Doing some exercise is better for the heart than doing nothing, but adults who kick their workout routines up a notch will fare even better. That's what Harvard doctors are saying in a review published in "Circulation," a journal of the American Heart Association.

"The overall findings of the study corroborate federal guidelines -- even a little bit of exercise is good, but more is better -- 150 minutes of exercise per week is beneficial, 300 minutes per week will give even more benefits," said Jacob Sattelmair, ScD., an author of the article from the Department of Epidemiology at the Harvard School of Public Health.

This study was a breakthrough in terms of research on physical activity and heart disease risk.

"Early studies broke people into groups such as active and sedentary. More recent studies have begun to assess the actual amount of physical activity people are getting and how that relates to their risk of heart disease," Sattelmair said.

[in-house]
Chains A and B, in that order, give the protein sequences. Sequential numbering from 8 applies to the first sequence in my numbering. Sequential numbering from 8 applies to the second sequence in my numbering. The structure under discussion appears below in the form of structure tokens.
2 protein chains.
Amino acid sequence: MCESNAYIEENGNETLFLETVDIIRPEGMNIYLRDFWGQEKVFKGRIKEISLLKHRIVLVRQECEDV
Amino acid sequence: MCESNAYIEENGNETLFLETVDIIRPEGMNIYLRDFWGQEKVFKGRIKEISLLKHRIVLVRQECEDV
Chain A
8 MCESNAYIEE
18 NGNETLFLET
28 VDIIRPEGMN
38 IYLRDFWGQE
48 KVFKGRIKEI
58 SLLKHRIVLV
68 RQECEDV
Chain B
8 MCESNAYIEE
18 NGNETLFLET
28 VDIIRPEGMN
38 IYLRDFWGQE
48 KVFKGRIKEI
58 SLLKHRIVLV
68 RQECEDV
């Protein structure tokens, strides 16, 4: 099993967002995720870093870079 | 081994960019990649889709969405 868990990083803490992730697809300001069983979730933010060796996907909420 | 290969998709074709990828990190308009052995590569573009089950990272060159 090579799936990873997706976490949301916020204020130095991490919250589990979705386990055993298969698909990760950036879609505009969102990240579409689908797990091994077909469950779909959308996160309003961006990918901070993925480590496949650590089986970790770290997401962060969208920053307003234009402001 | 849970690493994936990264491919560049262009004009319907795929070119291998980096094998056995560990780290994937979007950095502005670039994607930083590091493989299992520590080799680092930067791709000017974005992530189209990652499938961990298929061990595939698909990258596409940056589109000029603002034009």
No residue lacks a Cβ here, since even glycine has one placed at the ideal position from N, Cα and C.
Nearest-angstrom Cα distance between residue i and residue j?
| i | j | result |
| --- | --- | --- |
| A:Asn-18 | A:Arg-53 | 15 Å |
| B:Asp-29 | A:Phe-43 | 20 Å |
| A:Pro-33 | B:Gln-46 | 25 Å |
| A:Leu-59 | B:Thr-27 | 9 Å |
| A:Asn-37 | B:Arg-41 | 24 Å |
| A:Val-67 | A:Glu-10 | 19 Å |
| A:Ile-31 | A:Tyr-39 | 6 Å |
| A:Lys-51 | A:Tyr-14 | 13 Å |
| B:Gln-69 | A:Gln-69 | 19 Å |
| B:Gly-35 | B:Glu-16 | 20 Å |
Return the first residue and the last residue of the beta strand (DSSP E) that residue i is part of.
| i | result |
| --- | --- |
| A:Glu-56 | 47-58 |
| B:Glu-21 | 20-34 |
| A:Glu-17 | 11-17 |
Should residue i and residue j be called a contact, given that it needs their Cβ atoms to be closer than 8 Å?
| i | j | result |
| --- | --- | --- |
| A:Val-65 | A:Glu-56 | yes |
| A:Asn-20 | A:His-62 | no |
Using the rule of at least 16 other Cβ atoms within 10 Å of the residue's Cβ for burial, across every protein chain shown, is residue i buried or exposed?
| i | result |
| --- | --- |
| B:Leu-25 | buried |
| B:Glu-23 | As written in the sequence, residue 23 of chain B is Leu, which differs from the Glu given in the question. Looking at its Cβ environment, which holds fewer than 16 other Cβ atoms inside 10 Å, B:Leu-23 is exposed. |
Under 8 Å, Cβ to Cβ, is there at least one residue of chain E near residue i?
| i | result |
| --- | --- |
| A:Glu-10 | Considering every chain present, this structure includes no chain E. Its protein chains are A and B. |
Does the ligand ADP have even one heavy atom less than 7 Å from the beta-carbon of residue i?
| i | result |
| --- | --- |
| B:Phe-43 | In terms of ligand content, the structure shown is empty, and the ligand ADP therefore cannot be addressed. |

And good news for the ladies: the results of exercise were stronger in women than in men.

The Office of Women's Health in the Department of Health and Human Services recommends a variety of workout routines, but says that women can gain more benefits by doing at least five hours of moderate intensity exercise or two hours and 30 minutes of vigorous-intensity aerobic physical activity weekly.

According to the Centers for Disease Control and Prevention, inactivity is one of several risk factors that can lead to heart problems.  Other risk factors include obesity and high blood pressure.